When you are contemplating which estate planning tools to use, be sure to consider a durable power of attorney. This important tool allows someone else to take control over and manage your affairs in case you are ever incapacitated for any reason. It does not matter whether that incapacity is temporary or permanent. It is important to remember to specifically designate the power of attorney as “durable” so that it will remain in effect once you become incapacitated.
The purpose of a power of attorney
A general power of attorney is a legal document that essentially appoints someone to be your agent while providing that agent with broad authority over your affairs. Usually, a power of attorney is created to allow management of financial matters or health care decisions.
Examples of how a power of attorney works
If the power of attorney is limited in nature, then the agent will only have the authority established by the terms of the power of attorney document. With a power of attorney, for example, you can give your business partner authority over certain business assets. You can give an agent management power over your rental property if you have to go out of the country for an extended period of time. There are many options to fit your needs.
You can choose your own agent with a durable power of attorney
Unlike with a guardianship, establishing a durable power of attorney allows you to choose your own agent to handle your personal matters for you if the need arises. If you do not choose that person ahead of time and later become incapacitated, then a judge will be required to make that decision for you. For many people, the chance to make that decision for themselves is crucial.
How to select your agent
In choosing your agent, you need to consider the qualities of your friends and family to determine who would be most trustworthy when it comes to managing your personal affairs. Once you create a durable power of attorney, that person can begin making decisions for you as soon as necessary without the need for expensive and time-consuming court procedures. Without a durable power of attorney, the court will be required to appoint a guardian to manage your affairs. The court procedure required to appoint a guardian is more expensive than executing a durable power of attorney.
A durable power of attorney gives you the opportunity to plan ahead
One of the benefits of having a durable power of attorney in place is that you can have a chance to discuss your expectations with your family while you still have the opportunity. That chance can be invaluable. When you draft the terms of your durable power of attorney you can take into consideration how your needs may be different as you get older, such as the potential need for long-term care.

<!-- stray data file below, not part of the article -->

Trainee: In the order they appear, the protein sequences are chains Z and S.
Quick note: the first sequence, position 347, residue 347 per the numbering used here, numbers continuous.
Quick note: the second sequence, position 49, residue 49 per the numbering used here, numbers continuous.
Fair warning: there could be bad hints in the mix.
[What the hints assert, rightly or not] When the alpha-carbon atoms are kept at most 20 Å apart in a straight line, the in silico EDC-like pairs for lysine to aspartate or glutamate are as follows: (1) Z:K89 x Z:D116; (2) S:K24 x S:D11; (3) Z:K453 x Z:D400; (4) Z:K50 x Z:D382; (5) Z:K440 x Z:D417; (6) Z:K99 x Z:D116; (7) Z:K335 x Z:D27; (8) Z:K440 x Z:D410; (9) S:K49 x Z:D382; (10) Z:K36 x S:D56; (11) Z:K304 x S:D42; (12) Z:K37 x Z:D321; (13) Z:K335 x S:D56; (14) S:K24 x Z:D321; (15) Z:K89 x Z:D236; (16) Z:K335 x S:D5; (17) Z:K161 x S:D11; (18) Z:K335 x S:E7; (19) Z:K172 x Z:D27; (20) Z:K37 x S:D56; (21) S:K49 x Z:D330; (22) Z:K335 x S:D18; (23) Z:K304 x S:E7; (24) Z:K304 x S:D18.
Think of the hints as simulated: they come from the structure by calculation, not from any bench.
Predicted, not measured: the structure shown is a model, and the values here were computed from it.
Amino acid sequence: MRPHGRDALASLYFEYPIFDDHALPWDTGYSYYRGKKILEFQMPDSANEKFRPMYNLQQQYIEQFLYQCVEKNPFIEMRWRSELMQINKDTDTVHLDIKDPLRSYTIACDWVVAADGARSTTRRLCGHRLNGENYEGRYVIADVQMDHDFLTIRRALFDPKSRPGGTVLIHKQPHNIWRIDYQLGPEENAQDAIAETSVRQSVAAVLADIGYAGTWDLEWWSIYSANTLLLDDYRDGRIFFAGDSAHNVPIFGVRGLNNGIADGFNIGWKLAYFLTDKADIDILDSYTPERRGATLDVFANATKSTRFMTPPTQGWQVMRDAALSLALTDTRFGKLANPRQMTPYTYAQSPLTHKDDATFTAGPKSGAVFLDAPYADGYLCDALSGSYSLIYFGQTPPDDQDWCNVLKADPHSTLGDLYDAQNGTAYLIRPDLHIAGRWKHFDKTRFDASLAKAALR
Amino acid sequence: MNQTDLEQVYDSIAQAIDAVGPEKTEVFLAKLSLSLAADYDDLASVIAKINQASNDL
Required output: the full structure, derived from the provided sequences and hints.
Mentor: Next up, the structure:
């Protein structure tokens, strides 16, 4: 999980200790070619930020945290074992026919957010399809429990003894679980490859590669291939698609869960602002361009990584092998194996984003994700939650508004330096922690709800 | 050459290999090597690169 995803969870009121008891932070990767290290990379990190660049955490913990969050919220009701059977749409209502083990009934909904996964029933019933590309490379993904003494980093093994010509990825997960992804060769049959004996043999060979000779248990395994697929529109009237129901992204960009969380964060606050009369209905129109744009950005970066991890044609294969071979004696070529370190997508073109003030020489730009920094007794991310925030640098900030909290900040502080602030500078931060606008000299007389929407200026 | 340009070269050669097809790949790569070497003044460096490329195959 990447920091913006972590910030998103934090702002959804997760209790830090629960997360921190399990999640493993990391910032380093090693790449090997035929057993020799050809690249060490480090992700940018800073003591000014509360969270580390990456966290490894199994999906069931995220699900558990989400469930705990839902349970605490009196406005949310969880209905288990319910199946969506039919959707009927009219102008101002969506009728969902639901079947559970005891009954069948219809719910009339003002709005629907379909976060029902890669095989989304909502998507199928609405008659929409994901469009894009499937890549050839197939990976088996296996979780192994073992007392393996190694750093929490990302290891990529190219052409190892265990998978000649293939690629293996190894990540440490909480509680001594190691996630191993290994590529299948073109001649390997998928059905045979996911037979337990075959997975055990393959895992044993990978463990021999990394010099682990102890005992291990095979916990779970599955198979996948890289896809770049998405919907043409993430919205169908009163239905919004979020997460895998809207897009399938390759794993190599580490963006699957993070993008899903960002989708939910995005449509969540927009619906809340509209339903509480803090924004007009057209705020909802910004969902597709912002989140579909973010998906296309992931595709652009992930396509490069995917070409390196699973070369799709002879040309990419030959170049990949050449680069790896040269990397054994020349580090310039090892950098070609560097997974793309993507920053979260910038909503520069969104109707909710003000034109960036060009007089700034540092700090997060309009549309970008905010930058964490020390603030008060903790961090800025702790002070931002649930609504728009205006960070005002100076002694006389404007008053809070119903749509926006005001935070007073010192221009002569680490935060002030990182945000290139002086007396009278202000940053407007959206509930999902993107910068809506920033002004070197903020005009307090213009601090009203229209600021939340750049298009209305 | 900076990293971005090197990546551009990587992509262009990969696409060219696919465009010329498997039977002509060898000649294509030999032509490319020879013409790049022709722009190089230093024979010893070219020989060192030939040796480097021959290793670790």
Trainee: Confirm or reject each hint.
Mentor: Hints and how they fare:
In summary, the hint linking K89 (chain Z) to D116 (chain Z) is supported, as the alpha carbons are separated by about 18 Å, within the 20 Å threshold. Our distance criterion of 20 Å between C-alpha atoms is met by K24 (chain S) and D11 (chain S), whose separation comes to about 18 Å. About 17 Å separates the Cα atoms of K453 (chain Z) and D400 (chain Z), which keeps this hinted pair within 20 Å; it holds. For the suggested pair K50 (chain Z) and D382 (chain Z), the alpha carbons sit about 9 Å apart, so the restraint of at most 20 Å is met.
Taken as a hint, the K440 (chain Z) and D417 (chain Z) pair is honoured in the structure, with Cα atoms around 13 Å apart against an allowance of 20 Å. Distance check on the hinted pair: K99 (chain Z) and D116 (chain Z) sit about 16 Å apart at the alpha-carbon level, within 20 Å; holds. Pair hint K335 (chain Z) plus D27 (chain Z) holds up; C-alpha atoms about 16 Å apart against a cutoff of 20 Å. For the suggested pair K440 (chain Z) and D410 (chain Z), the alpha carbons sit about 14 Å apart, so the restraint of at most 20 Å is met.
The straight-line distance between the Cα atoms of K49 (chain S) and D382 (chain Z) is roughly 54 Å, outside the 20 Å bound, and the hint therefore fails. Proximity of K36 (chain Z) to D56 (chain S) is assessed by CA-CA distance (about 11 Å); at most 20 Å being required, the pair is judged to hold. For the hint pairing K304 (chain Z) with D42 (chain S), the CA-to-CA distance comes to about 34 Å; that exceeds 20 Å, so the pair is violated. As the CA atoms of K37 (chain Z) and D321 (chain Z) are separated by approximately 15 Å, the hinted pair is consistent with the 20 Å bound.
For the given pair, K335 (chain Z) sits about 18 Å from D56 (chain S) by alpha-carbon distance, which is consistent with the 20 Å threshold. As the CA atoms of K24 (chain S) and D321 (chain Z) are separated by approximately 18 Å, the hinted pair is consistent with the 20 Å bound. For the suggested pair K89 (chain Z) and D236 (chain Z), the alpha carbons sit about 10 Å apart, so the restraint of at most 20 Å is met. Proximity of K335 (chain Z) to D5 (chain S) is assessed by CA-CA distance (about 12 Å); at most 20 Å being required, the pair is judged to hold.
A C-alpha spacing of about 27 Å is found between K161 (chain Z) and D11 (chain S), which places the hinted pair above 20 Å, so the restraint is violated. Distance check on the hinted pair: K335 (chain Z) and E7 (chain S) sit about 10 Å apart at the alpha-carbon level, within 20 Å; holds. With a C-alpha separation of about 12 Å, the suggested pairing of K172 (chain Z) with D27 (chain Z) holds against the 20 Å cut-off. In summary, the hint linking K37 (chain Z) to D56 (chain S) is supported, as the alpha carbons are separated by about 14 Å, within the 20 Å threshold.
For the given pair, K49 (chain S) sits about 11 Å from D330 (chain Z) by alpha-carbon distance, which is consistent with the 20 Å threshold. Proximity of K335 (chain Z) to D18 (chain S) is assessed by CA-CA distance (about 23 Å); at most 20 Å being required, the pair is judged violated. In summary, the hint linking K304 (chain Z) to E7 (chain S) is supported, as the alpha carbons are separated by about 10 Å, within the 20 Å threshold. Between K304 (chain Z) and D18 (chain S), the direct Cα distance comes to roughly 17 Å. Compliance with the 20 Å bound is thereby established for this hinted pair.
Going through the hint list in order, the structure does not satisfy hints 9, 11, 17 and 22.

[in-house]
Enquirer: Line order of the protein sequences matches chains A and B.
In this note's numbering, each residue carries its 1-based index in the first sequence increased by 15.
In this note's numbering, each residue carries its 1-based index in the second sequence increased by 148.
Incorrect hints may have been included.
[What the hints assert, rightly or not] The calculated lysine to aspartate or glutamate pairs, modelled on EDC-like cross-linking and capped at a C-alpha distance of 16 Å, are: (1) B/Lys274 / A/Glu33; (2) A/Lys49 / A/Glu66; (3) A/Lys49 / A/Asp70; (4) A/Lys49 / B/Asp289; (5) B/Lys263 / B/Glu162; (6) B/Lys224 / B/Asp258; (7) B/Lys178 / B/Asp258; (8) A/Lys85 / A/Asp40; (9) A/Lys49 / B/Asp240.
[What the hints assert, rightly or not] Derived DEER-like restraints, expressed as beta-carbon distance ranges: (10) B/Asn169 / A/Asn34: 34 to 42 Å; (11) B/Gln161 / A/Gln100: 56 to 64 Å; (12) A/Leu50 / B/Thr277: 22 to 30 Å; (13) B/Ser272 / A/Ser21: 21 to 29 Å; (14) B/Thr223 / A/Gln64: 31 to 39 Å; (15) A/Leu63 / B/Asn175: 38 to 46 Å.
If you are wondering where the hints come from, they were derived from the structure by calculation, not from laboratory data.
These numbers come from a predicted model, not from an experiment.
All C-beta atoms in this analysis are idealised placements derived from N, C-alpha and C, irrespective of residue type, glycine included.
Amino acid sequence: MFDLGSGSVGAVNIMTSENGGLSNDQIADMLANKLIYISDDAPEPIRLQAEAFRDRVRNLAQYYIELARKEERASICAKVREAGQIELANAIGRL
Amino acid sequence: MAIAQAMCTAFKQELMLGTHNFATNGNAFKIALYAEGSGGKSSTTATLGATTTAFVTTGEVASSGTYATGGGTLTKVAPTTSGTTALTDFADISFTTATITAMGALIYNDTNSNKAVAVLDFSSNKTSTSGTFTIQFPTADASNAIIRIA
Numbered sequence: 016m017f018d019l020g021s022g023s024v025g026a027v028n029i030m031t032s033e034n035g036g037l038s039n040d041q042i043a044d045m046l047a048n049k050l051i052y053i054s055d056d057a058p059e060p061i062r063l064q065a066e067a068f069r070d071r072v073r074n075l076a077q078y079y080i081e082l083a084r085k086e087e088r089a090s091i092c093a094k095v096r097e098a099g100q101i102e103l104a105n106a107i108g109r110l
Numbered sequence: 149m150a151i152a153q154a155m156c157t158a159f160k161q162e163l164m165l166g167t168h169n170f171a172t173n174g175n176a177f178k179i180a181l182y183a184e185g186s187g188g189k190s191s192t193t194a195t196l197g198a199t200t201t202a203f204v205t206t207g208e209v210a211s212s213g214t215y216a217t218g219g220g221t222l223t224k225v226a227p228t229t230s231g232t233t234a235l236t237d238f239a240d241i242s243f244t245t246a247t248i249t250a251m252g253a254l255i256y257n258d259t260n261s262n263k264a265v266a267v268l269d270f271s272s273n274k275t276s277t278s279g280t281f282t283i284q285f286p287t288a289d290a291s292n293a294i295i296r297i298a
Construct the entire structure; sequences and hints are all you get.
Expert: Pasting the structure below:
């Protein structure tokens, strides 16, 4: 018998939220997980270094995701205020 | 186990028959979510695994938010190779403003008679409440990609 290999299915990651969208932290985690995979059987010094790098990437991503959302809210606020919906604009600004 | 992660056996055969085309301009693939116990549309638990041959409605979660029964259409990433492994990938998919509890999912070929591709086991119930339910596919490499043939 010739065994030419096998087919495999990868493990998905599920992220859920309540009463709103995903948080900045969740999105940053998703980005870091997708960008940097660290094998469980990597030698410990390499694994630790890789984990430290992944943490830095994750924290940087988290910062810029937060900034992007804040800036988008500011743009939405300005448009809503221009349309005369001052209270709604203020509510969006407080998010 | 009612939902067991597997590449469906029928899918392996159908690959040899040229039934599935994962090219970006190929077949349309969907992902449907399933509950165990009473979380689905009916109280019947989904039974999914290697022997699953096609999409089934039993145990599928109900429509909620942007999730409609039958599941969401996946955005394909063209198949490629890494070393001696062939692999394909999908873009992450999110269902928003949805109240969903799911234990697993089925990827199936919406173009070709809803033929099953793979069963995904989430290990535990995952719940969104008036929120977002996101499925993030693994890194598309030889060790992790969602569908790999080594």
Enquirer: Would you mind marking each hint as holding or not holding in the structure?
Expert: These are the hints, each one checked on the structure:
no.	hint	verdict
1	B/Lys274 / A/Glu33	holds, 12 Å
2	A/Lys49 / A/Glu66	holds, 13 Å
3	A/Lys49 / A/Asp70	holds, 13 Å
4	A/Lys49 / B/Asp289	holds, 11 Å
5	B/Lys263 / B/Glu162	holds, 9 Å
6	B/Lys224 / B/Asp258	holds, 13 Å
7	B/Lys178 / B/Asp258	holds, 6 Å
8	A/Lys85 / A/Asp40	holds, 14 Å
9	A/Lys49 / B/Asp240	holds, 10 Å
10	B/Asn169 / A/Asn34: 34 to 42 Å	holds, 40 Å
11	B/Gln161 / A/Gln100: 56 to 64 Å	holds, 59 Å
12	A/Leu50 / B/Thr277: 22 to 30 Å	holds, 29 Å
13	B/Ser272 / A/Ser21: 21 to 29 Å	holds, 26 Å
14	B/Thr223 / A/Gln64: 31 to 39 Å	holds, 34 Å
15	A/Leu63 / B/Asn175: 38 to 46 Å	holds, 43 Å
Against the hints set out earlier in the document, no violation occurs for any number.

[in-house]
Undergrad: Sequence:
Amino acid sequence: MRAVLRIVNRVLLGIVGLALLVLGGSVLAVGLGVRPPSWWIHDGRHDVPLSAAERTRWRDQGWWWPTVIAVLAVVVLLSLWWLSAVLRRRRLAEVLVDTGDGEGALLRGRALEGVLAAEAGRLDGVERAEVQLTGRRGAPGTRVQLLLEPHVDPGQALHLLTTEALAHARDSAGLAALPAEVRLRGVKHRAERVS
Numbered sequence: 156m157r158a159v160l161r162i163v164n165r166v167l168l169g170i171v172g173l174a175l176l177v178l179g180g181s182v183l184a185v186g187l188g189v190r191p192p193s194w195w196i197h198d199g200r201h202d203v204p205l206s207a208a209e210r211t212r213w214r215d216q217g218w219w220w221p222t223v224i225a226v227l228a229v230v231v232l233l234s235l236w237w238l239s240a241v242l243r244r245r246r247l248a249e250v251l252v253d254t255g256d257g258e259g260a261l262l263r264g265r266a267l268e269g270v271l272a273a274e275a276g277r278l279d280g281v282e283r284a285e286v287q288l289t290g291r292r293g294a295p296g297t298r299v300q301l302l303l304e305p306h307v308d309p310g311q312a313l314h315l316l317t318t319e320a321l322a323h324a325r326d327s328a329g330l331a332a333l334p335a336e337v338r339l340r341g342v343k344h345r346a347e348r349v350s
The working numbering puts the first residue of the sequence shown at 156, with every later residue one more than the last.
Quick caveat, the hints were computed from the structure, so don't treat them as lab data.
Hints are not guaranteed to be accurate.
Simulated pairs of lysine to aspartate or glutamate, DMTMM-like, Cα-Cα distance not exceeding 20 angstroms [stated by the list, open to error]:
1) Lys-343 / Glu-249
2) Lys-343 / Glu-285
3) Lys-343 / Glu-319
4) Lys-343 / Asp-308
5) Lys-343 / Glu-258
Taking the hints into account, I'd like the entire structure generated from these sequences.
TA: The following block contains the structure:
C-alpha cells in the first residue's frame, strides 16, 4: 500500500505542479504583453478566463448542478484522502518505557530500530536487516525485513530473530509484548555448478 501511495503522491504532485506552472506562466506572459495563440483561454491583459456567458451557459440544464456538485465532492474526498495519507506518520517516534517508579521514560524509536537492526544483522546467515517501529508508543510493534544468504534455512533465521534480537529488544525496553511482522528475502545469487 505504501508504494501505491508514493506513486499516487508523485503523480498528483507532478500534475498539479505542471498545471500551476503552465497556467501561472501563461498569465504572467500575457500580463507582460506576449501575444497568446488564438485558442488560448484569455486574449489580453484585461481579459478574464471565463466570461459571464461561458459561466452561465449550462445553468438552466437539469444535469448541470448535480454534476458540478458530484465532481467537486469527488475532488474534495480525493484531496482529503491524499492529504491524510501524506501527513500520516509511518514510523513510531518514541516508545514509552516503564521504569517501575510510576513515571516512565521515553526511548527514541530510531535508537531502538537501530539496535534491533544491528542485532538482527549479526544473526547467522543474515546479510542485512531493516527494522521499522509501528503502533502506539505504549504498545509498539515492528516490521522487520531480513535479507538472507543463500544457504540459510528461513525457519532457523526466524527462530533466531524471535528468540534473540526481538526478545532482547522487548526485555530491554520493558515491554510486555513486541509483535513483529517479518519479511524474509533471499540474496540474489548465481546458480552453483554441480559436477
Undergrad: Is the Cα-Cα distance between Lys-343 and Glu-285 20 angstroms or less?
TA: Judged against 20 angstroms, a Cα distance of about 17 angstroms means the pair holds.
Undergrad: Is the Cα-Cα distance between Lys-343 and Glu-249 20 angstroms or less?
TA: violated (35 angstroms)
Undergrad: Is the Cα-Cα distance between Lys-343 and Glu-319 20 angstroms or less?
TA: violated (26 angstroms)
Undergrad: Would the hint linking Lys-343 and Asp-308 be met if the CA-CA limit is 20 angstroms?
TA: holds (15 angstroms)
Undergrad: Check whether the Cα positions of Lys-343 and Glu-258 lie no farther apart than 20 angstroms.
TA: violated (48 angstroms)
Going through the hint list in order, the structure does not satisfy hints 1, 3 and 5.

A durable power of attorney can minimize family disputes
Another great benefit of establishing a durable power of attorney is the possibility of avoiding confusion and uncertainty as to how you want your personal affairs to be managed. A properly drafted durable power of attorney can help you avoid the likely family disputes regarding your financial and healthcare matters. When a loved one has become incapacitated, the family should not be wasting time fighting over medical or financial decisions. Instead, someone should already be chosen to step up and take over when necessary. Planning ahead allows you and your family to avoid most of the common disputes.
Durable powers of attorney can also provide asset protection
What some people do not realize is that durable powers of attorney can also provide asset protection. The need for asset protection is extremely important when nursing home services are required. Without taking the proper steps before you need to be a nursing home resident, you may lose much of your assets in order to pay for nursing home care.
There are certain steps that need to be taken in order to appropriately shelter your assets. As long as your estate planning attorney drafts a suitable durable power of attorney with the right gifting provisions, then your assets will be protected.
Join us for a FREE workshop today! If you have questions regarding a durable power of attorney, or any other estate planning matters, contact Gaughan & Connealy for a consultation either online or by calling us at (913) 262-2000.
Latest posts by Chris Gaughan (see all)
- The Pros and Cons of a Medicaid Trust - April 12, 2018
- Estate Planning Attorneys Discuss Inheritance Planning - April 11, 2018
- Medicaid Planning Can Protect Your Assets - January 3, 2018